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Wednesday, January 16, 2008

Reflection time

Alberta's Calibre Group has built a successful painting business -- but along the way, it had growing pains. Nevertheless, this corporate history is inspiring.

Many people find it stressful -- and frustrating -- to spend nine hours in planes and airports to meet someone face-to-face for three hours. I (mostly) enjoy the process. While our employee hiring system is not big on conventional interviews, I think it important to have eye contact with candidates who make it through all the hoops and are about to be offered employment with us. This interview connects the dots, and allows me to gain insights into the potential new employee that wouldn't be possible earlier. However, it is important that the prejudices and perceptions created by the visual cues and 'instinctive reactions' be mediated against the various measuring and screening tools to get to this stage.

We still have two more things to do before offering employment: Validating references, and preparing/sending the employment contract. But I'm now confident that our newest potential employee in Sault Ste. Marie, Ontario, will be successful -- and help the business grow to the next stage (as she grows in a career matching her personality and skills.)

Still, to complete this interview, I had to get there and back. A regional airline Bearskin offers direct service between Ottawa and Sault Ste. Marie in tiny planes but (rightfully) charges 'business-use' prices for the convenience. But my "only on weekend and Tuesdays in January and February" Air Canada flight pass allowed me to fly 'free' -- (the modest flat fee for the unlimited use pass quickly can be recovered if the pass is used efficiently) -- and I could even feel like a First Class passenger with my credit card lounge access.

I don't waste my time in the planes and airports, however. I take reading material to catch up on new ideas or review concepts -- and sometimes scan and read 'off topic' magazines for additional inspiration. But most importantly, away from everyone, I think and reflect, and my main thoughts yesterday related to growing pains, and the challenges of ensuring we take a prudent and thoughtful approach to the business expansion now occurring.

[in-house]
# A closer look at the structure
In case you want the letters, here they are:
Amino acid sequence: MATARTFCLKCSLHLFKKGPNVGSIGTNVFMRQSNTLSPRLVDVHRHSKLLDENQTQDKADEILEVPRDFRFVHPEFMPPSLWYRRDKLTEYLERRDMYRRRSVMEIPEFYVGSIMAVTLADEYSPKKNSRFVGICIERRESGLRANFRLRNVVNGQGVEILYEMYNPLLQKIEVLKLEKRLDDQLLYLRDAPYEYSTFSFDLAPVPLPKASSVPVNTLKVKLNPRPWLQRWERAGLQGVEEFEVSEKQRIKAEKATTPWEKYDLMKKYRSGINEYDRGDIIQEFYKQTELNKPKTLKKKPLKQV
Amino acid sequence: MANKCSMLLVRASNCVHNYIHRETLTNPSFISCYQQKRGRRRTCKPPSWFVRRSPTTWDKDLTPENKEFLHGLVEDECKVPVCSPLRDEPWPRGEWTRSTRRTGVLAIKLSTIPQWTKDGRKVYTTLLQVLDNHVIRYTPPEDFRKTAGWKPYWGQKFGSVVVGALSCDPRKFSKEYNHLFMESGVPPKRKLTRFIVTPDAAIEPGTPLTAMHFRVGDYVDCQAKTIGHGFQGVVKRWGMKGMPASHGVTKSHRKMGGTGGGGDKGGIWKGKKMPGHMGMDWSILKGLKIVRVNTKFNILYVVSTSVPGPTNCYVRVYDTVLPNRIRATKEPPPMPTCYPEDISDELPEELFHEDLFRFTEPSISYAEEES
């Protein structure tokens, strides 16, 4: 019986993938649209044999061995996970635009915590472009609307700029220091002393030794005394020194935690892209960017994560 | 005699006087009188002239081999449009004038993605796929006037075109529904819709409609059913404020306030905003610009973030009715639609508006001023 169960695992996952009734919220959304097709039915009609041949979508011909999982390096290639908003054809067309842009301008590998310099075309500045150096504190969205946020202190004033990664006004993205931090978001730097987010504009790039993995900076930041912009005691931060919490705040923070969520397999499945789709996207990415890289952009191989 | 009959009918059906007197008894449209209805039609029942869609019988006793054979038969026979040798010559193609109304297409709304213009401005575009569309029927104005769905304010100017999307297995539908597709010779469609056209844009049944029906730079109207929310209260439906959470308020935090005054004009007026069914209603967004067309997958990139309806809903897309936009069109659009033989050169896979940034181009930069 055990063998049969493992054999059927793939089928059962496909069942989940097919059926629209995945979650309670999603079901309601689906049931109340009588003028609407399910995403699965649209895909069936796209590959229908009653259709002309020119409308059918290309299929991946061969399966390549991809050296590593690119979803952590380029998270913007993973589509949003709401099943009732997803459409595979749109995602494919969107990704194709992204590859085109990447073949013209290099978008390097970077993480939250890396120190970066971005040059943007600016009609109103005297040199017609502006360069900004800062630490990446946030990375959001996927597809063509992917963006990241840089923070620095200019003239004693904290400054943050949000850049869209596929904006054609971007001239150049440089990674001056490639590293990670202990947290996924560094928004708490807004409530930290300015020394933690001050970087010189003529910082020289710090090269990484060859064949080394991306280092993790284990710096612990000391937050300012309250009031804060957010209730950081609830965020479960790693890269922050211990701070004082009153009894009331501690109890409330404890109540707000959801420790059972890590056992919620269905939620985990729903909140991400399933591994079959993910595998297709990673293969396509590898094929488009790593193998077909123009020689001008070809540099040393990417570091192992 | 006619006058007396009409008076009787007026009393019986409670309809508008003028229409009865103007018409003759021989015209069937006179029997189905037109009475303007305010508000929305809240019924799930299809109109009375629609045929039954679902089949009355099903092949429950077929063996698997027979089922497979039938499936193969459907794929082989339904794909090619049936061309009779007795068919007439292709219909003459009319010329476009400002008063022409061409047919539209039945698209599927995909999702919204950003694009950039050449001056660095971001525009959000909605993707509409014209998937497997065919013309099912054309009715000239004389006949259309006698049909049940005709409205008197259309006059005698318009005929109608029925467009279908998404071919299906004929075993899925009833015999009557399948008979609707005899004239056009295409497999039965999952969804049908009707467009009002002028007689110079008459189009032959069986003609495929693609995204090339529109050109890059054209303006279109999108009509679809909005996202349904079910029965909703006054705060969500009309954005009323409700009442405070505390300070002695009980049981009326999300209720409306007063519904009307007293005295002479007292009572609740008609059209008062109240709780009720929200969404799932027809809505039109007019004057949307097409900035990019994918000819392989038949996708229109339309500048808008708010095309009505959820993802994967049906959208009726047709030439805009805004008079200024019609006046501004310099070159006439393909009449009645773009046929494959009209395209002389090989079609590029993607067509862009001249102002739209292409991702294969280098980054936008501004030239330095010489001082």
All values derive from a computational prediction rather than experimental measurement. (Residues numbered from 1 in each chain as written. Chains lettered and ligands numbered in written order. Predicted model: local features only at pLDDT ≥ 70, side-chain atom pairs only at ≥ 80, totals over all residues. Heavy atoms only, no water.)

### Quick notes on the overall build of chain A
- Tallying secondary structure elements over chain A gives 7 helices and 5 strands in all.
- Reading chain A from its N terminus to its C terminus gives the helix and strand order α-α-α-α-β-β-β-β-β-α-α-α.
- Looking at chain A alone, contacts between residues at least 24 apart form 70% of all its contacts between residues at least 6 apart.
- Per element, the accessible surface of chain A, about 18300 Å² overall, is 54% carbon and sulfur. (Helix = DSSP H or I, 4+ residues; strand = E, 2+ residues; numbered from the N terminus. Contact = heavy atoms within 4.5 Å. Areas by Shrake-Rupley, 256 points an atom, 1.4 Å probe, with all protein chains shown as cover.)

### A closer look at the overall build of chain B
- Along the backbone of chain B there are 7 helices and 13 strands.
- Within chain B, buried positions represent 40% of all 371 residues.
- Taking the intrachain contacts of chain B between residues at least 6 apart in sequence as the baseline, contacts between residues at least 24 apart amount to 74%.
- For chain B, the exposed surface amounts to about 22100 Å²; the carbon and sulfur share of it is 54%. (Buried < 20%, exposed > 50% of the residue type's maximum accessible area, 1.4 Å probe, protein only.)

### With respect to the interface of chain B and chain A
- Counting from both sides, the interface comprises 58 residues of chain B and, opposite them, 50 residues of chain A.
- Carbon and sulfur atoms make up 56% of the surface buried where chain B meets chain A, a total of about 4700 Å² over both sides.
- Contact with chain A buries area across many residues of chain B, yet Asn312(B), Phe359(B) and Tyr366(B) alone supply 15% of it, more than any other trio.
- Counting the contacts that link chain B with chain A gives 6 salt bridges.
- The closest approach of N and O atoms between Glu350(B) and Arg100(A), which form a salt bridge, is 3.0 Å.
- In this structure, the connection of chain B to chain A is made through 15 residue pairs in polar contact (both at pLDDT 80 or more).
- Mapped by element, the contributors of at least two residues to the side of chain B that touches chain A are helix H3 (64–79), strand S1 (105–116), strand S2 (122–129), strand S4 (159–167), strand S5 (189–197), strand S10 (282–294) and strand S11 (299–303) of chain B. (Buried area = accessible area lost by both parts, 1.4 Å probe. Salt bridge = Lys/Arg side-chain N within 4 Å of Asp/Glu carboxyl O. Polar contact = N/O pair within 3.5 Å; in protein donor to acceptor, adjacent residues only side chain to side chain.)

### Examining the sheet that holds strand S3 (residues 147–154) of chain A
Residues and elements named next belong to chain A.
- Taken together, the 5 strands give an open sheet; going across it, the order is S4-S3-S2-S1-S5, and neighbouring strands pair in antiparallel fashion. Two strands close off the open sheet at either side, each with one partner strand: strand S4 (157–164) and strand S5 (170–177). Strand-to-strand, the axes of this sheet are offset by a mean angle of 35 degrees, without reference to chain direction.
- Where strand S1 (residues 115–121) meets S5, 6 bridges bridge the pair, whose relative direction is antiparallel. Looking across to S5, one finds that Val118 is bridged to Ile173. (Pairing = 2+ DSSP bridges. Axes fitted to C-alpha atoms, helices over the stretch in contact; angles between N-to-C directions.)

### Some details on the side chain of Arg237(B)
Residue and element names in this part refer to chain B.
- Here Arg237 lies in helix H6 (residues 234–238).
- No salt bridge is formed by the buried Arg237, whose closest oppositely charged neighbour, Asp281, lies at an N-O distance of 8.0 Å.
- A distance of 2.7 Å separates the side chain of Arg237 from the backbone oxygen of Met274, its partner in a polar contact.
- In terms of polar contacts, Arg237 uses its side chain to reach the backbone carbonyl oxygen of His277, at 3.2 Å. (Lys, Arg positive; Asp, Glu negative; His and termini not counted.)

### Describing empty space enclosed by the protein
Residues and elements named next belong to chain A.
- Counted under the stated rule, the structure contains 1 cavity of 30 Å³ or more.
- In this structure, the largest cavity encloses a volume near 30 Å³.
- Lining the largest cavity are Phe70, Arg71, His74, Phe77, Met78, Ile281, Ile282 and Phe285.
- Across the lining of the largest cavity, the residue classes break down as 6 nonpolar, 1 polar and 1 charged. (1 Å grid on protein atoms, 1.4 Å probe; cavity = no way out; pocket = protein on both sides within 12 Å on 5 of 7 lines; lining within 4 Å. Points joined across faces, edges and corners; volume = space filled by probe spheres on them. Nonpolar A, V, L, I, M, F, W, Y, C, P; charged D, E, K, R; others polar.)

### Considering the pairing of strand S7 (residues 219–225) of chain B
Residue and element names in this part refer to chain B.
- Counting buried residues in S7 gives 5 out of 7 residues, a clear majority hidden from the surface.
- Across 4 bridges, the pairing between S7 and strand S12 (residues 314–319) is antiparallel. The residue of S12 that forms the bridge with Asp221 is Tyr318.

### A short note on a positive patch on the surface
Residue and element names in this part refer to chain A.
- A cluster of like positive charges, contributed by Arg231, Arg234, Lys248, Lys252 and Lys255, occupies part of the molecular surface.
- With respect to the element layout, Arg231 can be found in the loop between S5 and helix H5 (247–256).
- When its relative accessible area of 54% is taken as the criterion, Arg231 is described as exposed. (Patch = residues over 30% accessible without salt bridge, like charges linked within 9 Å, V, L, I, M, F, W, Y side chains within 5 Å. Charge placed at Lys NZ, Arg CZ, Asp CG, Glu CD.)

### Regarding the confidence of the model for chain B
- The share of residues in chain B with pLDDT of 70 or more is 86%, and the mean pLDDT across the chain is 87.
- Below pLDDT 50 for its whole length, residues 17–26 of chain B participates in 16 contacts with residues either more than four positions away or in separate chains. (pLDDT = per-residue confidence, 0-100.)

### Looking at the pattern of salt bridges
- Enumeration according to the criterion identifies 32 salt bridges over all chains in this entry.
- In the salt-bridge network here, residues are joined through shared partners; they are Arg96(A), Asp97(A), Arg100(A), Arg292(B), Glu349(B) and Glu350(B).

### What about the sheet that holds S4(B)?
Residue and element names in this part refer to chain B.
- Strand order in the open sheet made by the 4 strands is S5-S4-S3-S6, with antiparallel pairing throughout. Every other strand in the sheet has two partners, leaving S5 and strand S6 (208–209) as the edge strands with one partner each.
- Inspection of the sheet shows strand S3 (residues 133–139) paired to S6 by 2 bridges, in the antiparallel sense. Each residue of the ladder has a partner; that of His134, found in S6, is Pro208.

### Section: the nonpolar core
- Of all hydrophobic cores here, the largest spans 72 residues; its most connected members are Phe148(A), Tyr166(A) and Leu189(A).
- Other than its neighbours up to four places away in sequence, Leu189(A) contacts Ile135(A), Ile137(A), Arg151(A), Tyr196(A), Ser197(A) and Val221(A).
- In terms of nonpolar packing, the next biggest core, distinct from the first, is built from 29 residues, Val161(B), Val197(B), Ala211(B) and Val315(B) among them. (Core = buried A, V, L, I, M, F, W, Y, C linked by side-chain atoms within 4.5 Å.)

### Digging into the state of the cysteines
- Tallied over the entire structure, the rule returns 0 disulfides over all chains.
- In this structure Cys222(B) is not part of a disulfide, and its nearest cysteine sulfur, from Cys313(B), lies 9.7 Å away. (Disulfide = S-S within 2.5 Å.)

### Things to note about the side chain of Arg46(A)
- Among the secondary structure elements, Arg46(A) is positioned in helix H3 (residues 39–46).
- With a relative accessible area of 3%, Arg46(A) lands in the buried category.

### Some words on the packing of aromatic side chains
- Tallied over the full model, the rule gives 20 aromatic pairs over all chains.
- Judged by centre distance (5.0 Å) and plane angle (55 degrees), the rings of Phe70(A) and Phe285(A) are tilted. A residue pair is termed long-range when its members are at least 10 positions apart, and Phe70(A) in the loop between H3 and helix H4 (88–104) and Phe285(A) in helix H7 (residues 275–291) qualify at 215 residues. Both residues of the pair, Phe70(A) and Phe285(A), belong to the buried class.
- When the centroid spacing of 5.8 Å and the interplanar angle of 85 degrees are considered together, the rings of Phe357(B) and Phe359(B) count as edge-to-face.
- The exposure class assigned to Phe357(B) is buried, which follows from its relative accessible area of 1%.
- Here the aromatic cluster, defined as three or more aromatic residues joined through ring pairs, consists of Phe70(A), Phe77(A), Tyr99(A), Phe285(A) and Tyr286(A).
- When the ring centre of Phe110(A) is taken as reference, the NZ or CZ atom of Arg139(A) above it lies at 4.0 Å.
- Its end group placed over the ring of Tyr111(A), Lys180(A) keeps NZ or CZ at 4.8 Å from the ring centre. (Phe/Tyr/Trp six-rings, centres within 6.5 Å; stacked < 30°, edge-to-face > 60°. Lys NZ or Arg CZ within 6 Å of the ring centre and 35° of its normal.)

Prudent thinking is essential with the external economic backdrop of looming recession. We haven't really experienced a nasty recession since the early to mid 1990s -- even the high-tech meltdown in 2000 and 2001 terrorism proved to be modest blips economically for the construction industry. This downturn will probably be tougher especially since the overall problems can be tracked an issue directly relevant to the construction industry -- the sub-prime mortgage crisis,which resulted in massive overbuilding because of easy and misapplied credit.

As a publisher selling marketing and advertising services, I'm well aware that the early stages of a recession are good for our business -- potential advertising and marketing clients who had a backlog of work and didn't need to promote themselves now suddenly have to find new business, and spend money on marketing, promotion, and advertising (often wastefully). This of course is good for us only until they run out of money!

So what should we do? Well, we need to treat our clients with respect, deliver real service and value, and realize that even in the worst of times, the best-run businesses will survive and thrive; and we are there to help.

My other challenges right now are systems and process deficiencies caused by years of economic decline (our own internal recession lasted from 2004 to 2006). As things deteriorated, I cut all kinds of costs for non-essentials; resulting in (just like the real world) an infrastructure deficit. Old computers, poor records and circulation administration, and limited accounting and management systems operated at a basic level, and allowed us to meet essential obligations (without draining cash for overhead expenses). But now these need to be replaced, upgraded, and maintained -- and of course cash flow lags in a growth situation.

We'll manage, of course, I can work around the inefficiencies, weaknesses and problems here -- and the risk of hiring a properly qualified and tested sales representative, even with a generous salary guarantee, is low: Incremental sales, even while the representative is not 100 per cent effective -- more than pay the extra costs.

Interesting times, indeed.

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